It's funny I find myself in a mood to level out some straightforward fishing information. I thought I might be otherwise tonight. The paragraph above represents a way I like to write, but I'm postive I'd go nuts if I limited myself to it. So Litton's Fishing Lines certainly recognizes that if it weren't for fishing, I wouldn't be a writer. At least I wouldn't be the writer I am; I began by writing for outdoor magazines at age 16. (More than writing, I fished.) 

I don't explain everything. I try not to upset the magic and mystery of language. I have a love for embedded propostions. Some blogger in Manhattan once remarked that he couldn't reference everything directly because of legal implications, but anyone could figure it out by going to other websites and cross referencing information.

Sunday, April 15, 2012

Still Thinking of DeKorte Park Stripers, Rainbow Trout, but also Smallmouth Bass

Perhaps I'm looking forward to it: it's cool when tide is rushing out at DeKorte Park in the Meadowlands, leaving mud flats in the end. Stripers feed in the outflows from a flat slightly elevated above the lower. I just lost my drive this weekend. The park is a good hour away, and Garden State Parkway, Route 3, and so on is a challenge. I drive about 150 miles a day for my job through all sorts of busy chaos, but this is part of the reason I can sometimes just not want to deal with thousands of explosive gasoline engines roaring like dinosaurs.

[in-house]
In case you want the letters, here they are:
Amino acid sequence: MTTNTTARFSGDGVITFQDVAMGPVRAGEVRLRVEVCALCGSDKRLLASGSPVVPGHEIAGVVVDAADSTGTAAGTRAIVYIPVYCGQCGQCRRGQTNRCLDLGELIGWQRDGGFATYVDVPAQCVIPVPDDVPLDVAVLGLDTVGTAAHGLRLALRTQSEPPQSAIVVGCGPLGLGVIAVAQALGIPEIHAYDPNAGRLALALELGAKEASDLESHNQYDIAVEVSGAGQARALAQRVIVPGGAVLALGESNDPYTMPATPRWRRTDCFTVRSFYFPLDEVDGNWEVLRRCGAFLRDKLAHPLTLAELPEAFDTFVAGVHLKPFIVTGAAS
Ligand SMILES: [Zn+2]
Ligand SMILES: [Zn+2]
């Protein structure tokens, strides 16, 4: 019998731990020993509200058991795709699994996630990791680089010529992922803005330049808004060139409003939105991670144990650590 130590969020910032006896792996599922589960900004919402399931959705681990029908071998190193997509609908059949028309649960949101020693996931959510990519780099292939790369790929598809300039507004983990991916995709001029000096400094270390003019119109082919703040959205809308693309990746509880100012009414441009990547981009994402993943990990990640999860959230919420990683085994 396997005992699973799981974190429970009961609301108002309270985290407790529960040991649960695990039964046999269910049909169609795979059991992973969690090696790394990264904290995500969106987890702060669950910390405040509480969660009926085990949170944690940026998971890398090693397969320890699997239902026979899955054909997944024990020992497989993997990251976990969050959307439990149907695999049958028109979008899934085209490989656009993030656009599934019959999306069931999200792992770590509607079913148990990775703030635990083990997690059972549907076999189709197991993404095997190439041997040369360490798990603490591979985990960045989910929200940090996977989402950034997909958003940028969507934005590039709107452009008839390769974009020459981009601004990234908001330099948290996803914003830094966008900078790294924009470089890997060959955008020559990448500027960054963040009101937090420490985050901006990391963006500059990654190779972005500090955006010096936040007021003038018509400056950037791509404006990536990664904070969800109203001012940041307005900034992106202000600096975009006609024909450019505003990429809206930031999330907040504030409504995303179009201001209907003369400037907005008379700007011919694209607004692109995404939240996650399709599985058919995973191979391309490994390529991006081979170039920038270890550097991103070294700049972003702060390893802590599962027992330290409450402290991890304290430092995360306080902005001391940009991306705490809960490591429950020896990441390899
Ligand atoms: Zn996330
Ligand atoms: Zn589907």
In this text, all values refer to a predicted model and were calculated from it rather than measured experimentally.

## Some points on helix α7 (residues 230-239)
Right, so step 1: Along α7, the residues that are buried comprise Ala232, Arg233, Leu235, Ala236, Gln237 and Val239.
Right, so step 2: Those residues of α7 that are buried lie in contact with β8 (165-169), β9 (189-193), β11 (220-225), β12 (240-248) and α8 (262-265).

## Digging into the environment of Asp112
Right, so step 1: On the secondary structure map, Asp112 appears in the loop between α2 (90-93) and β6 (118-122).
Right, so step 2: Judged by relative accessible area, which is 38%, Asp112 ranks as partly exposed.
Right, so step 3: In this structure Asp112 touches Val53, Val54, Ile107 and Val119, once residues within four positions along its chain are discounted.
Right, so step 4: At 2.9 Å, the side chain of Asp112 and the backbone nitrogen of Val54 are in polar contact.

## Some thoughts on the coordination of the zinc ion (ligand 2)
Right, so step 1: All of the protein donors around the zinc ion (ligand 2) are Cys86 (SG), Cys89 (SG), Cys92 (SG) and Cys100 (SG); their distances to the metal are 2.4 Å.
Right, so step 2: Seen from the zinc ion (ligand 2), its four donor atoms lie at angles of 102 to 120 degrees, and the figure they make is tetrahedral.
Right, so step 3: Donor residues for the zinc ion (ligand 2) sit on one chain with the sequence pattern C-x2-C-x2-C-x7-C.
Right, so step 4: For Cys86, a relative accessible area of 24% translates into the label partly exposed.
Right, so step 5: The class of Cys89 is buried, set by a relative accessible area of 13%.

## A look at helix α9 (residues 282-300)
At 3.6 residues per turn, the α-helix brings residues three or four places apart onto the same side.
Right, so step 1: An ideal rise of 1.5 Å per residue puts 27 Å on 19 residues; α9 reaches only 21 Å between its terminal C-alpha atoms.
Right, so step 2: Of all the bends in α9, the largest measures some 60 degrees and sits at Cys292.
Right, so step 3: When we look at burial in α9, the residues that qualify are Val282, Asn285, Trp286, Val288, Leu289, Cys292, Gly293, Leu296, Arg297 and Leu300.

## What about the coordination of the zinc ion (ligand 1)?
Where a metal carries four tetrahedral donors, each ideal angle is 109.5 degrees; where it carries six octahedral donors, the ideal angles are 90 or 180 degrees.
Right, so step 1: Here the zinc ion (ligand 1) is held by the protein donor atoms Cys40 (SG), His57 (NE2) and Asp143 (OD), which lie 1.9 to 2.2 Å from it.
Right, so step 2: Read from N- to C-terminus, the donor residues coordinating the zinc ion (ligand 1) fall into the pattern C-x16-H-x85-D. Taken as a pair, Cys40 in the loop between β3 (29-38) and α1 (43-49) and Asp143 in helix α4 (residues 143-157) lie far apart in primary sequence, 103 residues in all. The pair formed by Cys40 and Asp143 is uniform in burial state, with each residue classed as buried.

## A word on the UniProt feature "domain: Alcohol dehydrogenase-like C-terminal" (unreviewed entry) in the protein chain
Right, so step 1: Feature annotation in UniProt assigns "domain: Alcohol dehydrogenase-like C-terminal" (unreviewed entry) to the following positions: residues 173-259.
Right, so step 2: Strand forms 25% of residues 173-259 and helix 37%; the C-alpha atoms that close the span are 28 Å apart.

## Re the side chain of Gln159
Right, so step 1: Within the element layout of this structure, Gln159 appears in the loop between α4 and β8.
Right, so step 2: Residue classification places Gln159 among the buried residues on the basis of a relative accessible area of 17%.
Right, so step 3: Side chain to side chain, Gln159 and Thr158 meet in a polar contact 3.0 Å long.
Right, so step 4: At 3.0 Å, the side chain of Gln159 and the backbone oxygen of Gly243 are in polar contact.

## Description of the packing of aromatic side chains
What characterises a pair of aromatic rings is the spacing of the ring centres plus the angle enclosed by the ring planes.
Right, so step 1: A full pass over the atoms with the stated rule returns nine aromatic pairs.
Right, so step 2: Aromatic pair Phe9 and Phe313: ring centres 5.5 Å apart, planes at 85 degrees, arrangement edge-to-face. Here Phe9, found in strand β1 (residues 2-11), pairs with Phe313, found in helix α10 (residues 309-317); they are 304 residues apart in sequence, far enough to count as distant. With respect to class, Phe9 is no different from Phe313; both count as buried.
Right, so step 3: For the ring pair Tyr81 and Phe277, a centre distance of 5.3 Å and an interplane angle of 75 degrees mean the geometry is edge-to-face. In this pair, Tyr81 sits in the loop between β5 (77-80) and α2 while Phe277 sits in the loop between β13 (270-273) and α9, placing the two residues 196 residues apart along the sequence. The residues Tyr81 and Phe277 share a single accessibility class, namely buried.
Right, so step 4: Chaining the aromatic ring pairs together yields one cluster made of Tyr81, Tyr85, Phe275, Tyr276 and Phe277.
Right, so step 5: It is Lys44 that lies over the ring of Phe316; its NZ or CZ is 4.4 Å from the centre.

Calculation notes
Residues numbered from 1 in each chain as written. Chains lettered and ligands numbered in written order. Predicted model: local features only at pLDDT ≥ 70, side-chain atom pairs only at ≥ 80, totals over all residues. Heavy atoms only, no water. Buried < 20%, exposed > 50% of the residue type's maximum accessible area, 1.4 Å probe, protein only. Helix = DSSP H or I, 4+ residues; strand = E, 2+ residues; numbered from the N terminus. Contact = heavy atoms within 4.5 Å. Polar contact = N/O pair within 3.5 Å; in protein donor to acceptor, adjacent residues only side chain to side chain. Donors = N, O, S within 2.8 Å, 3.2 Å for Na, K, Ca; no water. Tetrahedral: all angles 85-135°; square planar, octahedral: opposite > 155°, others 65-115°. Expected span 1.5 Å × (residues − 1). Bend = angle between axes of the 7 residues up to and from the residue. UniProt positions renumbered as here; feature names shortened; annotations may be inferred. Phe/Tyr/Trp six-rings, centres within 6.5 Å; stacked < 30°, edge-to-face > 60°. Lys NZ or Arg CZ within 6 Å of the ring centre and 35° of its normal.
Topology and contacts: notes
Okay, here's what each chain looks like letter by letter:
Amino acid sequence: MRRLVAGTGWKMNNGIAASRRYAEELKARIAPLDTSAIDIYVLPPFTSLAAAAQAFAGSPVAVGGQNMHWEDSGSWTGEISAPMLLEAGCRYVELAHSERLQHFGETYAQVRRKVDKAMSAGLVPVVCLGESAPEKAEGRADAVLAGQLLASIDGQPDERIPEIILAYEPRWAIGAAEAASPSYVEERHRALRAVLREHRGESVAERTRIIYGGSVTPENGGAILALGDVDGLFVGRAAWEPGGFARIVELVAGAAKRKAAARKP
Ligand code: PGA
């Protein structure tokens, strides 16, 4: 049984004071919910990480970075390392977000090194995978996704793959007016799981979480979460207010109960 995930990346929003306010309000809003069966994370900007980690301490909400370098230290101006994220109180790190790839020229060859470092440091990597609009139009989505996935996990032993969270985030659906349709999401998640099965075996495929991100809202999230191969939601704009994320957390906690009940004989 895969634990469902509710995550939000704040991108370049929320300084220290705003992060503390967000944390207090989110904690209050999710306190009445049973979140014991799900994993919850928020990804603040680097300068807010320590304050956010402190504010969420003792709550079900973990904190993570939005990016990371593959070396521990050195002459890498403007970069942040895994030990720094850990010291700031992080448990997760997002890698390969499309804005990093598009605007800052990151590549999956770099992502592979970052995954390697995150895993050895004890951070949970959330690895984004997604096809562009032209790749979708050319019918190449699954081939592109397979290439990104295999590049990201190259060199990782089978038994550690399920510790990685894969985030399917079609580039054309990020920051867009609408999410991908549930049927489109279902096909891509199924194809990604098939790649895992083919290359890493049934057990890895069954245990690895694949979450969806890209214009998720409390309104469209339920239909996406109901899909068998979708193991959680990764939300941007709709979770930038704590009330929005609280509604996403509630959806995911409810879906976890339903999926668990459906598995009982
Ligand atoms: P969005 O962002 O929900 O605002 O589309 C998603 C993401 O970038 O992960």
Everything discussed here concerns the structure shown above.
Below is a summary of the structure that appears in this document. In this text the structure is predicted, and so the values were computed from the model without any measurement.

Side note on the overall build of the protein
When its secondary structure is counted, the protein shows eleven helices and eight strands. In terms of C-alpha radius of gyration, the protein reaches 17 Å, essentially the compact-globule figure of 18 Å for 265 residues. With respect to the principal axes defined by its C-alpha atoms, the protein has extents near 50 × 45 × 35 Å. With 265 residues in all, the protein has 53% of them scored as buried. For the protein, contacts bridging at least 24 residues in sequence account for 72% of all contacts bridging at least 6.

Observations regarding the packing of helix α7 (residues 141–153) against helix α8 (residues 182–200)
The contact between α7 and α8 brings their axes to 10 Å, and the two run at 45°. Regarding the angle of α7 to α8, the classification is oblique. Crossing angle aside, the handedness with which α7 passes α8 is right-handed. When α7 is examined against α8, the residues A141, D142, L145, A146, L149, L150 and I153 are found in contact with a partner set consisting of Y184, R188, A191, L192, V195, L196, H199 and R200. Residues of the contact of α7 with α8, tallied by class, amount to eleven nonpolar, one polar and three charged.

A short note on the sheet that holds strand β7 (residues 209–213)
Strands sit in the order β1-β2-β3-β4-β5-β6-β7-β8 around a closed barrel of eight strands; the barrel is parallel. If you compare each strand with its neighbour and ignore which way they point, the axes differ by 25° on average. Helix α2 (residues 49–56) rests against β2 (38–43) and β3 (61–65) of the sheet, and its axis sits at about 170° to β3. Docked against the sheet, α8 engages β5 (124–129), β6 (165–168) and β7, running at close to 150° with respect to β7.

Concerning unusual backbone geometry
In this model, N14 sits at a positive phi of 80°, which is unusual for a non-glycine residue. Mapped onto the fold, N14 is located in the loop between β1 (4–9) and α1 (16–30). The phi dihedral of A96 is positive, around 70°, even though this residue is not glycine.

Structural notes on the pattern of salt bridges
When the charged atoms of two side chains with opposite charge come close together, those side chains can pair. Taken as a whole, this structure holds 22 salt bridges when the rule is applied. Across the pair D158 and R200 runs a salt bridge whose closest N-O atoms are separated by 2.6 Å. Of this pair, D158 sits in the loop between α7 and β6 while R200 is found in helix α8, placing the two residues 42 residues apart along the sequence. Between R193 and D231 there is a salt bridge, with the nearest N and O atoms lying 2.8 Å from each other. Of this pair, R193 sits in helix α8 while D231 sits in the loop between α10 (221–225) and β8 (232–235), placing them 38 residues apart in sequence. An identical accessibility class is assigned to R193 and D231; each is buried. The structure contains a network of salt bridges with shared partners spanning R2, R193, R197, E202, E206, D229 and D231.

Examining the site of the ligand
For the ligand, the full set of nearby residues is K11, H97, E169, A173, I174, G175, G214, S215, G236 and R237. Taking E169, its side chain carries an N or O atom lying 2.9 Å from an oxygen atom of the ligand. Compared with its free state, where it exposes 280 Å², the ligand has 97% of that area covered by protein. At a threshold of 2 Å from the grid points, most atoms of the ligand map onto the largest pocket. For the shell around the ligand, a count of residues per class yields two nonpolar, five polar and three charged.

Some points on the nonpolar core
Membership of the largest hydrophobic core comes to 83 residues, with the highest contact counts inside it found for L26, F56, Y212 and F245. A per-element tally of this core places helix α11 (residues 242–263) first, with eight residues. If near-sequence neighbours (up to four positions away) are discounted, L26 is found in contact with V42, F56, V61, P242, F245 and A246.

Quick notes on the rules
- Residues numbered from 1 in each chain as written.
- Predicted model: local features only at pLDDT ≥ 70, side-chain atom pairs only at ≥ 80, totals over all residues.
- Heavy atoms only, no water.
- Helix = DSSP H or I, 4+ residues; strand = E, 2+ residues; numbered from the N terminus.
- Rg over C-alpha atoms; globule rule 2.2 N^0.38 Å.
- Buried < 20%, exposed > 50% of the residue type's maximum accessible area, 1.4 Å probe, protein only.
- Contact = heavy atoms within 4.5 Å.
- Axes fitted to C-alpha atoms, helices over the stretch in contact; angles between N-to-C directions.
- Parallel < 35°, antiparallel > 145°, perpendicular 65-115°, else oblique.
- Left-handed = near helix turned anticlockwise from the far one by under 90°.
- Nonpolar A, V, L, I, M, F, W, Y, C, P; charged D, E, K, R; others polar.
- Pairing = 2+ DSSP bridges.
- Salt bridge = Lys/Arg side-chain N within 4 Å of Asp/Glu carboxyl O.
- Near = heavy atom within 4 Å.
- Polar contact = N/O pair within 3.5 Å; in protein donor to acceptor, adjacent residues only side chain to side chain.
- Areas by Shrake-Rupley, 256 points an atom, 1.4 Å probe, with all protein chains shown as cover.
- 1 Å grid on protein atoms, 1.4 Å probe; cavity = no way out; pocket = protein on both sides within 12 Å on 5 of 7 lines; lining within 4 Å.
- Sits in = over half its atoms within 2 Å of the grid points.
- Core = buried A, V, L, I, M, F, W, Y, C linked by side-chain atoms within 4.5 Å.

On the other hand, I've driven to the Meadowlands on a weekday after work, and often to the shore and as far down as Seaside evenings after work, too. From Bedminster, Seaside is about a 140-mile round trip. When I do these after work jaunts, they never have affected me as overdrawn.

Tide chart shows me I have to wait until next week. Maybe just as well. Rainbows should be stocked in the North Branch Wednesday, so if water levels rise, I'll probably have some fun with salmon eggs. 

Now that Route 206/202 bridge is not stocked, my favorite spot to drift eggs has few trout. And the crowed at AT&T seems to be larger now that no one stops at 206. Why did they stop stocking at the bridge? Did they just say "What the hell, it's easier not to bother?" Did Verizon complain about parked vehicles? 

To tell you the truth, I may not bother to fish trout this week. I went down to the river today at 206/202 easily within walking distance just to contemplate it, and I thought best of smallmouth bass anyway. Smallmouth bass are wild and uncomplicated by agency decisions or sloth, and never attract such rudeness in a crowd as referenced in a post recently.